There are about 190,000 millionaires in Singapore today, and the research shows that only 1 in five families has a wealth transfer plan. So, what we do is to encourage our customers to start planning early and not wait till when there is a crisis. In fact, when they plan ahead, it helps them to manage the “peace time” as you say, as well as during the stormy periods and unexpected events. It's also about what you can do today that will impact tomorrow, protect you better for tomorrow, and when you have a family and multiple assets. Whether it is real estate or a business, planning ahead always bodes well for the customer in terms of stating their intentions and also identifying the gaps and making sure that the plan is solid.
RK: What is the difference between a wealth transfer plan and how does it differ from a will?
AA: Broadly speaking, they are very similar in the sense that they are both about passing assets to your loved ones or to individuals that you want to transfer your assets to. In legacy planning, our wealth planners and private wealth consultants look at the client’s strategy from a holistic perspective. So, it's about understanding the client's needs and what they want to achieve in the short, medium and long term perspective. What are their intentions in terms of their wealth preservation and transfer of wealth? How do they want to protect their wealth and allocate it to the next generation or their designated heirs?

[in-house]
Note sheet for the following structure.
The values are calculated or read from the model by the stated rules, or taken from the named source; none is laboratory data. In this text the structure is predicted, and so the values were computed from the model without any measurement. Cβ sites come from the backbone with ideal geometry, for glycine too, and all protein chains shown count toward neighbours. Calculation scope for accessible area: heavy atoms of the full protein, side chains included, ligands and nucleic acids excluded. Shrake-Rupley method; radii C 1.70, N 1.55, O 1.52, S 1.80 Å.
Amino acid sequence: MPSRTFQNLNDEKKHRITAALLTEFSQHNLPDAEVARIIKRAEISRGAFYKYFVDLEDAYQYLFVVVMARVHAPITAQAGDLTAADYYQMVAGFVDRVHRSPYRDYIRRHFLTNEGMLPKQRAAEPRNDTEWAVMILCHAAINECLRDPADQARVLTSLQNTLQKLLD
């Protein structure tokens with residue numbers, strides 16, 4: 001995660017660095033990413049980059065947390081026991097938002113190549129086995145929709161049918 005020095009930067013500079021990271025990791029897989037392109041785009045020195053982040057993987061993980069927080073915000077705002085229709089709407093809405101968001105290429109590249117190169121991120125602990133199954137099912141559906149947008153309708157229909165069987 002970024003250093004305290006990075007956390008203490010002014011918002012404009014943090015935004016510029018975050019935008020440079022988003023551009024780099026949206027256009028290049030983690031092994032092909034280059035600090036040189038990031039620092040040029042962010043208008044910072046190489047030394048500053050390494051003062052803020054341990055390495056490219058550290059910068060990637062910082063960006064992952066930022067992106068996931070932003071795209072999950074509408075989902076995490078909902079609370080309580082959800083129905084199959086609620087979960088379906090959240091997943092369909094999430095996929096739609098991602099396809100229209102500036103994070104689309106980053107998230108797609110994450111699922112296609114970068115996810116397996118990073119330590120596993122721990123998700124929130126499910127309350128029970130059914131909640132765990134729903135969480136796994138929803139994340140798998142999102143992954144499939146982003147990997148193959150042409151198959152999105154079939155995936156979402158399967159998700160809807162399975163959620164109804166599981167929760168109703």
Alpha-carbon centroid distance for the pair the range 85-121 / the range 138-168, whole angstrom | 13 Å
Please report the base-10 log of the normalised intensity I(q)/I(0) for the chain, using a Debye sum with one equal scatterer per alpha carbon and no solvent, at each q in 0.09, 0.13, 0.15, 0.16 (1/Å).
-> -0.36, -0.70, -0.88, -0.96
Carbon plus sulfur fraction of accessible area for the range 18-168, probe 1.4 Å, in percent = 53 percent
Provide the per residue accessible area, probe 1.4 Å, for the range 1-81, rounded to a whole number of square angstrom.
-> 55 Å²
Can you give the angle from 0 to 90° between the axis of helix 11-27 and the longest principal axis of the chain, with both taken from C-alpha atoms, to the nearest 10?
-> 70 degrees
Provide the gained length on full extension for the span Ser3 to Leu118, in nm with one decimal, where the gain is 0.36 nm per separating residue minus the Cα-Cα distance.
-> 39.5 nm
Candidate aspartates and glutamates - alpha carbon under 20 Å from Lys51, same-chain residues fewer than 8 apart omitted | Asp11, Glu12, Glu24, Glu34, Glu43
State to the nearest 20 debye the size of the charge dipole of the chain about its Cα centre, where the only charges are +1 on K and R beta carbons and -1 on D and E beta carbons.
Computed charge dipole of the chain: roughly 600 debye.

It is not just about transferring to the next generation when the individual passes on. In Singapore, we are living longer. The average lifespan in Singapore is now about 84 years. So, legacy planning also incorporates elements around the key individual, such as planning for retirement or when they want to start moving away from the business and leave it to the next generation.
Legacy planning is a strategy for high net worth individuals, because they've got multiple assets in different asset classes. It's about taking an integrated look and a holistic approach. And as an insurance provider, we believe that insurance can actually play a critical and holistic role in an integrated plan for high net worth individuals.
RK: What about the legacy that we want to leave behind? Is this something that Prudential also guides their clients, for example, via philanthropic donations?